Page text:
Mike Babad had a lonely life at The Globe and Mail.
For many years, he was the morning man. That meant he was the first editor in the building, usually well before dawn, when the security guards were the only ones around. I live in Rome – six hours ahead of Toronto – and I was usually his first call. Sometimes, he would call me from his car on the way to work as he dodged snow drifts or gently cursed a wayward driver. I can’t remember him actually using harsh swear words; and his greeting to me was always: “How ya doin’, Bunny?”
Mike’s calls were remarkable. First of all, editors almost never call. Almost all communication, especially with correspondents who work beyond the Toronto head office, is by e-mail or WhatsApp. Getting a call, from an actual live human, seemed a quaint relic from a bygone era. I found it comforting, because bureau work can be lonely, too.
Even more remarkable was the subject of the calls, which were about me and my well-being, or lack thereof, or what my daughters were up to – almost never about what I was going to write that day. That came later.
In my 35-year career as a reporter and columnist in four countries, I cannot remember any editor other than Mike who would regularly call me just to see if I was okay. To him, I was Bunny, an ironic nickname given that I am 6-foot-5 and not exactly known for my meekness. His wife, Catherine Mulroney, told me the other day that “our kids frequently had a good laugh about the name Bunny.”
I called him Slaphead, because he was bald, or just Slappie. When grown men use ridiculous nicknames, you know you have a good friend.
We would never talk for more than a few minutes, and he was always lousy at office gossip, which I craved. He wasn’t really interested in who was shafting who, who was up or who was down. I considered him a happy workaholic.
By the time most Globe employees had lurched into work, he had popped a few newsy items onto the website, capturing our valuable morning readers, and banged out an often-hilarious internal note about who was writing what. I was sometimes the subject of the memes or altered photos that would top the notes and – damn – I only still have a couple of them. My head would be grafted onto Superman or onto the figure of someone lounging in a café or on the beach sipping Prosecco because that’s what correspondents based in Italy do all day.
“Eric gets a lump-sum payment because, you know, Rome is such a hardship posting,” he said in one note, dropped in after a story line about executive compensation.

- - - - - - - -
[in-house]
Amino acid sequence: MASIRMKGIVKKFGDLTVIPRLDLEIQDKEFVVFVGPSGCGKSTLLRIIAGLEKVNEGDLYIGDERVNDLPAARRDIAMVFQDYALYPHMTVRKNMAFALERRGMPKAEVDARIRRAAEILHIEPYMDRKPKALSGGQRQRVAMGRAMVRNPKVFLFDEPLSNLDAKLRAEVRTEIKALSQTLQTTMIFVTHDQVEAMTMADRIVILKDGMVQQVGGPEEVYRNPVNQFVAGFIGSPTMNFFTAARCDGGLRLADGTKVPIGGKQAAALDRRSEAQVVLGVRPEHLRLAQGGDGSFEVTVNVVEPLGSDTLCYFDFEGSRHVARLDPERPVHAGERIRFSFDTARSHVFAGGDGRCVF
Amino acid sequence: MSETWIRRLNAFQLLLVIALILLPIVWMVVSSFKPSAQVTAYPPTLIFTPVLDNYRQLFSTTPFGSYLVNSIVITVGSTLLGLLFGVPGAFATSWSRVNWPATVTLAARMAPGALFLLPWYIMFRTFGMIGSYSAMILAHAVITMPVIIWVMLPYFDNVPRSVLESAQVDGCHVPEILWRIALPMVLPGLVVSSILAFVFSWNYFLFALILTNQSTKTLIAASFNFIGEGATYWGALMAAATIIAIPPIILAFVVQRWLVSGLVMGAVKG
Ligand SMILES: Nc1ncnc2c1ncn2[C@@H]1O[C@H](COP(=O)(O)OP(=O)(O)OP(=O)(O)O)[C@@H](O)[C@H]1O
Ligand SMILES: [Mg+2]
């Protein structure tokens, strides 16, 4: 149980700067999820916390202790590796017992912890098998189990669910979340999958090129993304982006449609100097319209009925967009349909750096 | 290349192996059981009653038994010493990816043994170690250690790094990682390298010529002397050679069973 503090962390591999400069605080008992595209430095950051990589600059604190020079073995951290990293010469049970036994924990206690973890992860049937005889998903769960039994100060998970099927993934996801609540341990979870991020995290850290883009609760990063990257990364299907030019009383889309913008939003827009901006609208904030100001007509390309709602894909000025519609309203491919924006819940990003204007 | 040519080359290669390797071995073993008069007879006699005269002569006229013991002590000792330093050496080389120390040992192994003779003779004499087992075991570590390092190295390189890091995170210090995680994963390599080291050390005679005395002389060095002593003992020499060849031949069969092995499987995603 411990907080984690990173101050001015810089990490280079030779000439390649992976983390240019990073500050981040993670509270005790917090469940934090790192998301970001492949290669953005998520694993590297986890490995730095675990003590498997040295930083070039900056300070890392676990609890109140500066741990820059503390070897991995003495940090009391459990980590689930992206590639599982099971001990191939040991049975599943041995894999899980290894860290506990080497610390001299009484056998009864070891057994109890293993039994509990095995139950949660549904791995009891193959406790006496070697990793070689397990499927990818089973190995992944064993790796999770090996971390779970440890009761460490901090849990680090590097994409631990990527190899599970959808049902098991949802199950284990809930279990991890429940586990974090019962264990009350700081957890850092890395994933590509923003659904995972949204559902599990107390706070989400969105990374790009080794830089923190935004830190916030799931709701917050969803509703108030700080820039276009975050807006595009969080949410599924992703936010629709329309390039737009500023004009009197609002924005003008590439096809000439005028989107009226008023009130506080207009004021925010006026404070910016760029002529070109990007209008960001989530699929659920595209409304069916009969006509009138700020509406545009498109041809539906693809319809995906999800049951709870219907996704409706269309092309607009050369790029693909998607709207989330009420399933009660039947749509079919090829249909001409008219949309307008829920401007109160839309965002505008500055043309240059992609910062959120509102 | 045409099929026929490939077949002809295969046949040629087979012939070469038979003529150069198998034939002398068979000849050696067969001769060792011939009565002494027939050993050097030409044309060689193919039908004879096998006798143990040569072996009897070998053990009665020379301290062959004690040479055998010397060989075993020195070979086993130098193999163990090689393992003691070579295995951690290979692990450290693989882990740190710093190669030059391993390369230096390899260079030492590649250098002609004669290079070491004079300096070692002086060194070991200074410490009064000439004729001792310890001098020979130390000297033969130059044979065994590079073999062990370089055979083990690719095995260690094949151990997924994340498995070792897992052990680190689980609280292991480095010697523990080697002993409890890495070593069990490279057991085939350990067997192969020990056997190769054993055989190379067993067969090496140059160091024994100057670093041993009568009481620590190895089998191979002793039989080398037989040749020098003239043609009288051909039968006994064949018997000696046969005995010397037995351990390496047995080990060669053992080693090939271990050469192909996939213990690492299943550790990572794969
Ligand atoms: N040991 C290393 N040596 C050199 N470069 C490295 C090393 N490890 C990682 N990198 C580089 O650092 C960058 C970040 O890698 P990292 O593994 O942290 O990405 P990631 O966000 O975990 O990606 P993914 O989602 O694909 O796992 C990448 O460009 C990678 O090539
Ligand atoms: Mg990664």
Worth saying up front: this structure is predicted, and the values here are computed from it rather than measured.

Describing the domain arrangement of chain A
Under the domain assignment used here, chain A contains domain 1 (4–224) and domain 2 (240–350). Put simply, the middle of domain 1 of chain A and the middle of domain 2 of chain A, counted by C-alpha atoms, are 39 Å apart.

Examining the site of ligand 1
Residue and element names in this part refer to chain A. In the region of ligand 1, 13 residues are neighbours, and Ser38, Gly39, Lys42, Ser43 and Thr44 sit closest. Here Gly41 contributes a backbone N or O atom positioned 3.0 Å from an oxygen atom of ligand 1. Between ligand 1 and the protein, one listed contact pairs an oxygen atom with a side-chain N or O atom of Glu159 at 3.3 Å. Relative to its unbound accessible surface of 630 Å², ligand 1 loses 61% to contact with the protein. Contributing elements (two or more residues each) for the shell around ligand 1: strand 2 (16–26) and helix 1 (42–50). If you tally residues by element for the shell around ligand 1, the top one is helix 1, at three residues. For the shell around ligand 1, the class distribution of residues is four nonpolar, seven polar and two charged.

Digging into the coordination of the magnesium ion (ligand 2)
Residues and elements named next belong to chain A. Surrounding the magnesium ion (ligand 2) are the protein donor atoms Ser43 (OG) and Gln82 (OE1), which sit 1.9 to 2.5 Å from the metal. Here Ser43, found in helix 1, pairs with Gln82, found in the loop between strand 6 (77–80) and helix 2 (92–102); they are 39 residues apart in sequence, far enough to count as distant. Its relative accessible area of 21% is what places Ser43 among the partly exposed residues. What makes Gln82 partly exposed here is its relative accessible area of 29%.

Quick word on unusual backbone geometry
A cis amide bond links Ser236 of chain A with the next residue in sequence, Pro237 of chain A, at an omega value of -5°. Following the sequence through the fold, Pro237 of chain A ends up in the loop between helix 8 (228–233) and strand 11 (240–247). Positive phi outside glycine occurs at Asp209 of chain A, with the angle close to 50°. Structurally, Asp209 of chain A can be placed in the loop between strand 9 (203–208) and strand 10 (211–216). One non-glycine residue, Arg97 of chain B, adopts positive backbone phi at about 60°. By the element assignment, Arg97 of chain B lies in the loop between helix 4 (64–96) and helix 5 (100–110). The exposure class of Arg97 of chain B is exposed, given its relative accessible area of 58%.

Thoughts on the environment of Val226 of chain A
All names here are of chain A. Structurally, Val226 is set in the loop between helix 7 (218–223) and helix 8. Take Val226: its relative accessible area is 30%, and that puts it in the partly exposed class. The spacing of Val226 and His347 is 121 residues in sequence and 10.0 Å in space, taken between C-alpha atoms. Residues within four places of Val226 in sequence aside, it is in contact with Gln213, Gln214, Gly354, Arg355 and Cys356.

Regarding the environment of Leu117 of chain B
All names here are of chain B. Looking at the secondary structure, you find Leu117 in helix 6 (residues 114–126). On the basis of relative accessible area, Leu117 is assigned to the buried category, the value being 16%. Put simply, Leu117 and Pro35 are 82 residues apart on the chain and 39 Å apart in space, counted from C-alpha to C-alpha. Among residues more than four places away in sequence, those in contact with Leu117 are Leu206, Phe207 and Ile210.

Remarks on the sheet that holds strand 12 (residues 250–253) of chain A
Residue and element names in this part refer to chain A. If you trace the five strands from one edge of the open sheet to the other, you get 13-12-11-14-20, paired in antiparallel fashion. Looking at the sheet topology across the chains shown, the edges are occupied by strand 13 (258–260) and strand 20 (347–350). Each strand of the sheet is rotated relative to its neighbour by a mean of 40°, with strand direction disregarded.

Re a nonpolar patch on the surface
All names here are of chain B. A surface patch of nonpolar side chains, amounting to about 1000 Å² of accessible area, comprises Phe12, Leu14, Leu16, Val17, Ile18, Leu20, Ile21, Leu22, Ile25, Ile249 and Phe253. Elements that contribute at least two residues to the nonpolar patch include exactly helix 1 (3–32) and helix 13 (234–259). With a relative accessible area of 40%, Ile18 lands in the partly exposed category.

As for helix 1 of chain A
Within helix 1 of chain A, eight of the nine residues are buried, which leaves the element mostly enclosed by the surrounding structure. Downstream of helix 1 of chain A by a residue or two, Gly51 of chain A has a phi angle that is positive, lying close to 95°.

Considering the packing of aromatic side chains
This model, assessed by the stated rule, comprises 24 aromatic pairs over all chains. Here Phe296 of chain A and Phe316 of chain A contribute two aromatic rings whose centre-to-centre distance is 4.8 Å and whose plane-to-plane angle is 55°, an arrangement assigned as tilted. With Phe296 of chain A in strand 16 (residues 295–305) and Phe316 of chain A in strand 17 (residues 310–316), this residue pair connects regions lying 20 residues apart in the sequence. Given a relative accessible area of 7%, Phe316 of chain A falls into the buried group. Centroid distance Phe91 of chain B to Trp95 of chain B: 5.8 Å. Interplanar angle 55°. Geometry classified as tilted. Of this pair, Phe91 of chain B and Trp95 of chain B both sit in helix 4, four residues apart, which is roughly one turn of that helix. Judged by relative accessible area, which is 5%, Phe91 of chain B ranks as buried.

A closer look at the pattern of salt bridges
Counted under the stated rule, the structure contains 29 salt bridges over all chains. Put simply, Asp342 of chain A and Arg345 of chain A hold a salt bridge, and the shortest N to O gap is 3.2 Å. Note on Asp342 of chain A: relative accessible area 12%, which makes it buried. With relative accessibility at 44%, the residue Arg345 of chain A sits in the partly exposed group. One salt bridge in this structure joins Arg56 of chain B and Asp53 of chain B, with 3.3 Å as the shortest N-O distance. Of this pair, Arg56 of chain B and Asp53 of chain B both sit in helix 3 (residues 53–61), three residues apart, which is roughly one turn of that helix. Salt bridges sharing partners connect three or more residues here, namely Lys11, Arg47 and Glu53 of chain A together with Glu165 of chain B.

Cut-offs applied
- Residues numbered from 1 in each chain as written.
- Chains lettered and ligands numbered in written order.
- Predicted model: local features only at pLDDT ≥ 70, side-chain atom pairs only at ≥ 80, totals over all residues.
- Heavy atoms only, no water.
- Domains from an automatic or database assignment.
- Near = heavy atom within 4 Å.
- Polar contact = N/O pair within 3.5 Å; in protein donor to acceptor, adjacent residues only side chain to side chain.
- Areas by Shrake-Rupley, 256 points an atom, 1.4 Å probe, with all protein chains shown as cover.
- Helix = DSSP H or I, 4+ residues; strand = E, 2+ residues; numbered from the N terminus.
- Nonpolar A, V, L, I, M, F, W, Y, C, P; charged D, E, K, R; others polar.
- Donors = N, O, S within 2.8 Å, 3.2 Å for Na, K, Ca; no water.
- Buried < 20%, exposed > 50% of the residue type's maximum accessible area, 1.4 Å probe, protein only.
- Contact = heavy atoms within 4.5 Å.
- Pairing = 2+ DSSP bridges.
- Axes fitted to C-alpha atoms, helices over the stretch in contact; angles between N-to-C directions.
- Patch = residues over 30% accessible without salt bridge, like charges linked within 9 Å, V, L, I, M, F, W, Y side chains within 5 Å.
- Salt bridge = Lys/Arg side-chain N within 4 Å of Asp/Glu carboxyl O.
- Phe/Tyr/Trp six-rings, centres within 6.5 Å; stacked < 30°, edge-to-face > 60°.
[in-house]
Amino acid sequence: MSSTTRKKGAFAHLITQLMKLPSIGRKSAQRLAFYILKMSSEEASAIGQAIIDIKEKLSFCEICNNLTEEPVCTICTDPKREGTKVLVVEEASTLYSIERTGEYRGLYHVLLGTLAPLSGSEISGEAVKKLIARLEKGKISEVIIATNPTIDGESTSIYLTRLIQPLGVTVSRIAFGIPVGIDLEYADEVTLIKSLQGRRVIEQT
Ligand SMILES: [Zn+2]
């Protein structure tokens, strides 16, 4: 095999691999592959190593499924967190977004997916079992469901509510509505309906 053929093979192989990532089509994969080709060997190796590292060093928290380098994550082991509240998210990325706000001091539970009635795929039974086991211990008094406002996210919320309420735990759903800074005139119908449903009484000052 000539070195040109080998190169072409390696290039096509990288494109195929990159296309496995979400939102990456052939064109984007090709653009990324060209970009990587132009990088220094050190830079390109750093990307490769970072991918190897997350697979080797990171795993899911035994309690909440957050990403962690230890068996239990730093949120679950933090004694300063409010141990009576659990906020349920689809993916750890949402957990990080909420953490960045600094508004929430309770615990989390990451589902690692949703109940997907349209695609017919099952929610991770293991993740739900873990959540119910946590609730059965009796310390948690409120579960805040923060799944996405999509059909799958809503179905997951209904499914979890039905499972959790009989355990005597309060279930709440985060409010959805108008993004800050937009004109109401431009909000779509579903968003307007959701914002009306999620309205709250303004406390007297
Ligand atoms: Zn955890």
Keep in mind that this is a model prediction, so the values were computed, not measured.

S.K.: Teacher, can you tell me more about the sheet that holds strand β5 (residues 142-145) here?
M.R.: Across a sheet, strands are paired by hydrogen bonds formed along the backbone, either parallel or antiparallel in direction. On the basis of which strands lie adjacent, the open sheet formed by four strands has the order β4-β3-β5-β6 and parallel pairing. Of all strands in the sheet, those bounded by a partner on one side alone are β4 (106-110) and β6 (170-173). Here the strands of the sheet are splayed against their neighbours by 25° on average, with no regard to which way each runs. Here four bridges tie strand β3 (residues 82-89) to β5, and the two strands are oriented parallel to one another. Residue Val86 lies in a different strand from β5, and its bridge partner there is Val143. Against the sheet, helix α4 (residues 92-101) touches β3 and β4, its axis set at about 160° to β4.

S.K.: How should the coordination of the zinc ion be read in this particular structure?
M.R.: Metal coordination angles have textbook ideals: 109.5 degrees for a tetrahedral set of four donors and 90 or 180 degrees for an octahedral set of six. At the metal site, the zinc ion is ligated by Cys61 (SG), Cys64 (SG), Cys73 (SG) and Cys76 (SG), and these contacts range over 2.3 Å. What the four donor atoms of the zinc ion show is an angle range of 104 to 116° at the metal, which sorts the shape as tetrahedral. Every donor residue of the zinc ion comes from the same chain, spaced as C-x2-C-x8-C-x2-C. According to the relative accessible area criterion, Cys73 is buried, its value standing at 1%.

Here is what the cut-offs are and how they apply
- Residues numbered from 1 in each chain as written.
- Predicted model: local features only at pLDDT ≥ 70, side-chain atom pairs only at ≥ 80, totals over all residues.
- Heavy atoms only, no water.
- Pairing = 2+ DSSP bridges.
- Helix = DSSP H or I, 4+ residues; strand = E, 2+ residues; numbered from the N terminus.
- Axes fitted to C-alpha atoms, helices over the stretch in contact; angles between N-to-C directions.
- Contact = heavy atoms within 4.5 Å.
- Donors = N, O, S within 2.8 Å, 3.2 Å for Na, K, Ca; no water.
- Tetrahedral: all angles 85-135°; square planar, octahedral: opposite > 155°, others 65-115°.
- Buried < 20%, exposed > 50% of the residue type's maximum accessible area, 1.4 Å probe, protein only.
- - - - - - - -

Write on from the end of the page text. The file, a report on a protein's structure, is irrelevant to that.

Mike and I had worked with each other on and off, for some 30 years, starting at the old Financial Post (now National Post), when I was posted to New York by the paper in the late 1980s and early 90s, then The Globe when I was in Toronto and Rome. He was my one constant, an enthusiastic charmer who always got the best out of me, because I adored him; when he wanted a story from me, it was always the right story, because he had a terrific news sense, and I never, ever said no.
About a year ago, Mike stepped outside his house early one morning, into the cold, to call me. “Hey Bunny,” he said. “I need to tell you something. I have lung cancer and I think it may have travelled.”
I was devastated, but he was always in good humour, always upbeat, as he went through his hell. His treatments were going well, he said, and I told him about an immunotherapy drug that had worked miracles for the mother of a friend of mine in England. He used that very drug. It seemed to be doing the trick and I sort of stopped worrying about him, convincing myself he was on the mend even if, deep down, I knew the odds were against him.
But we would still send each other e-mails every week, sometimes several times a week. He always said he was okay and would sign off with “Miss you” or “Love you,” as if we were blood brothers. I would say the same.
He wasn’t okay. My last e-mail from him came about a week ago. He told me “I think I am okay” and I knew immediately that bad news was coming. But, amazingly, he kept writing, because he had to. He was a newsman to his core. His last byline appeared on Feb. 27, just five days before he died.
To me, Mike was the heart and soul of The Globe, a gentle force of nature who combined humour, good nature, a strong work ethic and a killer news sense to make The Globe a fine paper and put a smile on the face of everyone who worked with him. I can’t even imagine The Globe without him. Bunny will miss you forever, Slappie.